Van der Wall, H.
What’s old is new again: The sacroiliac joint as a cause of lateralizing low back pain.
Tomography: An International Journal for Imaging Research, 4 (2), 72-77.
It has not been easy to identify mechanical failure of the sacroiliac joint (SIJ) with traditional imaging. The integrated model of function (Lee and Vleeming, 1998) suggests that under normal circumstances, form and force closure combined contribute to sacral nutation and “locking” the SIJ for optimal load transfer. This model is supported by clinical evidence and scintigraphic findings that contribute to successful therapy in 80% of cases. Single-photon emission computed tomography and x-ray computed tomography (SPECT-CT), a hybrid device, was used in a study of 1200 patients (64% female and 36% male patients with an average age of 42 years; range, 15–78 years) with a clinical diagnosis of SIJ incompetence (pelvic girdle pain syndrome). Standard clinical testing and an alternate series of tests were used as a reference standard for imaging. Symptoms were present for a mean of 43 months. Imaging finding were of increased uptake in the upper SIJ (S1–S2), with extension into the dorsal interosseous ligament and measurable by count profile. Associated findings of tendon enthesopathy reflected altered biomechanics around the pelvis. Ipsilateral adductor enthesopathy was found in 70% and contralateral hamstring enthesopathy in 60% of patients. SPECT-CT criteria for the diagnosis of SIJ incompetence were developed and validated. SPECT-CT is a valid and reproducible technique for the diagnosis of SIJ incompetence with high concordance and specificity compared to the reference standards. Findings are supportive of the integrated model of SIJ function proposed by Lee and Vleeming.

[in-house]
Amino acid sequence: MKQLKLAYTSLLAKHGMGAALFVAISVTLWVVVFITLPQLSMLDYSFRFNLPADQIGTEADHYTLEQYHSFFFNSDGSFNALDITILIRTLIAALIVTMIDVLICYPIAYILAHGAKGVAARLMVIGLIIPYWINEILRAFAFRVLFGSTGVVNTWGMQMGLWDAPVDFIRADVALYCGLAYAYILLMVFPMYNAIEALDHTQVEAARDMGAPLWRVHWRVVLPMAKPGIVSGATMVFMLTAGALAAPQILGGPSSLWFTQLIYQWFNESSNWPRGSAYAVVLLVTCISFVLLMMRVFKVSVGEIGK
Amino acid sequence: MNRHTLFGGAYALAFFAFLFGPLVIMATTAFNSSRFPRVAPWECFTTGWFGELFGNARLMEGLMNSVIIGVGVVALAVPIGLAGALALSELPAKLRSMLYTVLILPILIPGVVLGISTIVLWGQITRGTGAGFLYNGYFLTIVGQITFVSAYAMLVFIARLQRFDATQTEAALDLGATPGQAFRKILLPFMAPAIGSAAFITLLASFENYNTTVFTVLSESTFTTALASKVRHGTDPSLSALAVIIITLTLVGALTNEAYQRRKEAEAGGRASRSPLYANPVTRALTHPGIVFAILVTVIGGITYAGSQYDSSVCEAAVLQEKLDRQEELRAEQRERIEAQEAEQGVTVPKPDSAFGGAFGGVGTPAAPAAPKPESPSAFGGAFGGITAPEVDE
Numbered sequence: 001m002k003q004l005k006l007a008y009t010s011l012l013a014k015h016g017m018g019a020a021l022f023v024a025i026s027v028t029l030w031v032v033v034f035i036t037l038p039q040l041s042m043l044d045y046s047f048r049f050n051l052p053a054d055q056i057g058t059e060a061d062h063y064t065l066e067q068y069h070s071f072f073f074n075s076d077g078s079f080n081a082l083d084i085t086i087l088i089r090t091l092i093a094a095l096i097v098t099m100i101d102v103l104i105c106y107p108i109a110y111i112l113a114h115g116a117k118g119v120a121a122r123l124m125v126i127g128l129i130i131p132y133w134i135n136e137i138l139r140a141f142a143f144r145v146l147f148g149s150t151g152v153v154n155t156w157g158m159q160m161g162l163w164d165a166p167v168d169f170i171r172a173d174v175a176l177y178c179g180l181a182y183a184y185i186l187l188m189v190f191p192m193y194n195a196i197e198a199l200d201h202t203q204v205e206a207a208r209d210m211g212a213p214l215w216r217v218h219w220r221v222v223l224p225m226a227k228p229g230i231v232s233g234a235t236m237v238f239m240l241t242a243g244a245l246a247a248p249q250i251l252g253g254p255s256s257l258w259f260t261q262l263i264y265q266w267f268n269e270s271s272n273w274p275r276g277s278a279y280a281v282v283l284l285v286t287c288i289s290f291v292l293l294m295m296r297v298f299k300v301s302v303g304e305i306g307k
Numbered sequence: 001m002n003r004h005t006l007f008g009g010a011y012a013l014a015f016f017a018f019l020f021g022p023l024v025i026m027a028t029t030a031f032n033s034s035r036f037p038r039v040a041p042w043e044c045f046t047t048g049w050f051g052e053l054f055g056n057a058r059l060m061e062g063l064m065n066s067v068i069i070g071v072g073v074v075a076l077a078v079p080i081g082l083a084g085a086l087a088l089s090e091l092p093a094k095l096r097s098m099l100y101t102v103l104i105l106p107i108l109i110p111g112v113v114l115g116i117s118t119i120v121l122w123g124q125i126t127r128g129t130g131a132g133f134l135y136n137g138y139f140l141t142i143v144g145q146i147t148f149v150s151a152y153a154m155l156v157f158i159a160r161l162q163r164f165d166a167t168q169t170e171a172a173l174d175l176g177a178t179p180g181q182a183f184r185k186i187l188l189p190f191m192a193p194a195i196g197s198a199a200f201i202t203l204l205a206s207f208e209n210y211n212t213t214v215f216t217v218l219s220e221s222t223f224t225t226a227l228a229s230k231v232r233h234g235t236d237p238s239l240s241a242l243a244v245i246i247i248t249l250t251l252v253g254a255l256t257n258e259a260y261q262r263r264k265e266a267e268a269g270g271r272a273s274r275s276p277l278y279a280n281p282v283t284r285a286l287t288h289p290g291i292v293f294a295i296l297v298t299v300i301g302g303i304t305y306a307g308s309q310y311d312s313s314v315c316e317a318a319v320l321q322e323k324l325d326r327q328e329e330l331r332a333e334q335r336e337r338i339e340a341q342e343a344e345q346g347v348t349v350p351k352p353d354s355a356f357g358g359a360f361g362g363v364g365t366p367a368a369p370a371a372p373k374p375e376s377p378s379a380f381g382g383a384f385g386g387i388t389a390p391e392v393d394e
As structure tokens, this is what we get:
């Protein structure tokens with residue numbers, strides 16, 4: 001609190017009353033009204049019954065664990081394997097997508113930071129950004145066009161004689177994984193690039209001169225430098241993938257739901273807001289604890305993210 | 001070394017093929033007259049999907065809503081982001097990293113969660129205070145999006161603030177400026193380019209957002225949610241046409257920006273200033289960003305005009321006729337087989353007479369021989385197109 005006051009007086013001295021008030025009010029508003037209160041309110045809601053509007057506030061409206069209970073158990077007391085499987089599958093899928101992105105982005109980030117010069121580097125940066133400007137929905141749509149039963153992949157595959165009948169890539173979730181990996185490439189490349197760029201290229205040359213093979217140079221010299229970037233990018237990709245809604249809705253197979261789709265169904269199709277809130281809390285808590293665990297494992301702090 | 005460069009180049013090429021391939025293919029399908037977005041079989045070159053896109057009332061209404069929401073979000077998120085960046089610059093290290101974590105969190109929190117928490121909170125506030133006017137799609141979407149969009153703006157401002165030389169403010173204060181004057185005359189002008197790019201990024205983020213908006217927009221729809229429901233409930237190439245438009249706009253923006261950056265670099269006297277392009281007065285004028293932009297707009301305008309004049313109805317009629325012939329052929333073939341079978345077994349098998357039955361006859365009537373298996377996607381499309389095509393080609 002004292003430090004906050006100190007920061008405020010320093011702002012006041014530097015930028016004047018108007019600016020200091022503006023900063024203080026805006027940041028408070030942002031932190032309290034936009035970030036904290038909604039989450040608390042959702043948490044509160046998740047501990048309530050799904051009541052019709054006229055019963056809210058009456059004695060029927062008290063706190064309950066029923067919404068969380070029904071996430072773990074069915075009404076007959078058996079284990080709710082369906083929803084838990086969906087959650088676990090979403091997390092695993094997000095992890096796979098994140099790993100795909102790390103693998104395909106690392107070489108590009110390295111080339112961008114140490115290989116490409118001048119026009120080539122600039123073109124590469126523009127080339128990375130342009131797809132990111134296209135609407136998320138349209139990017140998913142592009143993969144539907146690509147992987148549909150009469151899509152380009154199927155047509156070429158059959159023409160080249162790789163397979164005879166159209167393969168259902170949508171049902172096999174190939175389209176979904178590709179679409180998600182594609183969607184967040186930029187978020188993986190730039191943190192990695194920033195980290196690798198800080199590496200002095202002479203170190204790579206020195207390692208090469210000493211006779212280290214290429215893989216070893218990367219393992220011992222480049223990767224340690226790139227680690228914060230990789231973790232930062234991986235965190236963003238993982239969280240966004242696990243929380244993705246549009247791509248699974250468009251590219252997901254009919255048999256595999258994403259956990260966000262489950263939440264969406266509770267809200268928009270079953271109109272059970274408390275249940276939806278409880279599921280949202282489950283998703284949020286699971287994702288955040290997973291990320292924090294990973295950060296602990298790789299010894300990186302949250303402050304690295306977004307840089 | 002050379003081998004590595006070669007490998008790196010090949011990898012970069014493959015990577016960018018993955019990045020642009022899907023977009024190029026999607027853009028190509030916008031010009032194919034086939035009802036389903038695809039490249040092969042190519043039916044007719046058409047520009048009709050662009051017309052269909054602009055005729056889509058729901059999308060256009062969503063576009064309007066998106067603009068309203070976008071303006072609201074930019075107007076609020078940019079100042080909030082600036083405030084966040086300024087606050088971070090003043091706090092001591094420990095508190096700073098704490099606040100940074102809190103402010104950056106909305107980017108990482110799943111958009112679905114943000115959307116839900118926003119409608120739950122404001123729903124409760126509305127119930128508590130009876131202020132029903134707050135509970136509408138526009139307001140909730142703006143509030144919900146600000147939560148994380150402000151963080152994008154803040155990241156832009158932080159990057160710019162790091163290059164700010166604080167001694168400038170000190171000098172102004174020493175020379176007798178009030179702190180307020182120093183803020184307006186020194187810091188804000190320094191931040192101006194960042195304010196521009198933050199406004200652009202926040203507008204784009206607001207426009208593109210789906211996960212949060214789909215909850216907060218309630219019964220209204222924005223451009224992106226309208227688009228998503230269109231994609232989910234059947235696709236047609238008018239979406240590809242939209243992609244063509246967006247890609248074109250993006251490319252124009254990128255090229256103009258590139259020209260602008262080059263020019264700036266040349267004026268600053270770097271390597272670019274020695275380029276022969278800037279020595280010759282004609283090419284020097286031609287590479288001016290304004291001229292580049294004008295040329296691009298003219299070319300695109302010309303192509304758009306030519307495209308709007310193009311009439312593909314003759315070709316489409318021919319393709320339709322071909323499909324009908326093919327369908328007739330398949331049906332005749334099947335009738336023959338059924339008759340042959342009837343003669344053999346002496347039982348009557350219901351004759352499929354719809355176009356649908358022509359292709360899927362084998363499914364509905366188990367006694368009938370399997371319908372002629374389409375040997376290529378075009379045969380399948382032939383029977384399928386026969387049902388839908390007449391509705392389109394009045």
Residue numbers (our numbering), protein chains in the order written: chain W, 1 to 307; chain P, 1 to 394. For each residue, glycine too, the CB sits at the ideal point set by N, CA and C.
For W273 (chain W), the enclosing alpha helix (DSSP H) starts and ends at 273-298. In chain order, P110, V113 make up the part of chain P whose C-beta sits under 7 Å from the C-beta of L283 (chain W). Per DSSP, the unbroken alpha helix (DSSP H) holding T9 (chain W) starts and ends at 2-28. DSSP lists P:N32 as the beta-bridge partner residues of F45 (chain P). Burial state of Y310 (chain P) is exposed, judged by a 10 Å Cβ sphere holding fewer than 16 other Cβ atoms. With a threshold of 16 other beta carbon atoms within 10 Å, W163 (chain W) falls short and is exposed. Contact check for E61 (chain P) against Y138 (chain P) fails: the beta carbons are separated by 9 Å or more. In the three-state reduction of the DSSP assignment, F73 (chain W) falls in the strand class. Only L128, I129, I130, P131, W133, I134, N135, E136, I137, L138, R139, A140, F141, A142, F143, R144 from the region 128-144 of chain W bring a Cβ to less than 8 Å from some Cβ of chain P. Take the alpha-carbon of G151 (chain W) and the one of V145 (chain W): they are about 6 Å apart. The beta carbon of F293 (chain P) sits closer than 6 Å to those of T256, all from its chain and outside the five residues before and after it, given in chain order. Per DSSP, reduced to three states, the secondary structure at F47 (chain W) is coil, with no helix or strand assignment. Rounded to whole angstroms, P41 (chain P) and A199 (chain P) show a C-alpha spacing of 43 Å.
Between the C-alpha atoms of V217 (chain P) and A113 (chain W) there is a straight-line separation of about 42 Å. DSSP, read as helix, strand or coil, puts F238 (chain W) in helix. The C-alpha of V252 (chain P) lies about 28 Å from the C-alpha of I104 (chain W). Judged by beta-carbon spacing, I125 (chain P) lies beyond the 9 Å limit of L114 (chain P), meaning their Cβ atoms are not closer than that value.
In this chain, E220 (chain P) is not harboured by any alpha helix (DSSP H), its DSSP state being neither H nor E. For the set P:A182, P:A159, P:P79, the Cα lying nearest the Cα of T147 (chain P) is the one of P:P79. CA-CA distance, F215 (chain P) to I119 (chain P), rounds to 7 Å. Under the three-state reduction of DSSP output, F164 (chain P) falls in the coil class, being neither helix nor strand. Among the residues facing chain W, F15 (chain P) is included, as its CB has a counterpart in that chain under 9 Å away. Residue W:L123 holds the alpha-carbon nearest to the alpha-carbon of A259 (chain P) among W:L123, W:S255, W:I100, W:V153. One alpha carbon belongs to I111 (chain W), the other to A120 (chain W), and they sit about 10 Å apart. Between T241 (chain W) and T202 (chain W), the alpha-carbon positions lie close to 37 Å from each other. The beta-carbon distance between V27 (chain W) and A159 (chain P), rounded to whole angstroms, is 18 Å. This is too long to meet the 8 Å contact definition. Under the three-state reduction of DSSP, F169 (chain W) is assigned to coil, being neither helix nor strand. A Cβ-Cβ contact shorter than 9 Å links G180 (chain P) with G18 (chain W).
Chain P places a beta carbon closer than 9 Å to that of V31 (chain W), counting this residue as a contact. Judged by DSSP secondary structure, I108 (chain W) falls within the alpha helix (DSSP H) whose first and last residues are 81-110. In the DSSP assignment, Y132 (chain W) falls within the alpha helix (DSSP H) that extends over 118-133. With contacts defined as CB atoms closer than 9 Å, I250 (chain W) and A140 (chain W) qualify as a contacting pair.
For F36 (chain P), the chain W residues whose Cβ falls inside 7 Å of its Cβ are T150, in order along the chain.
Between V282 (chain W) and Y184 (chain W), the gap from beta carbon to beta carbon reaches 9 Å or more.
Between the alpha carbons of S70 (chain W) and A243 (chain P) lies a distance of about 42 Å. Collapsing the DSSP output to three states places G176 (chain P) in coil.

joint, scintigraphy, lower back pain, traumatic injury, nonspecific back pain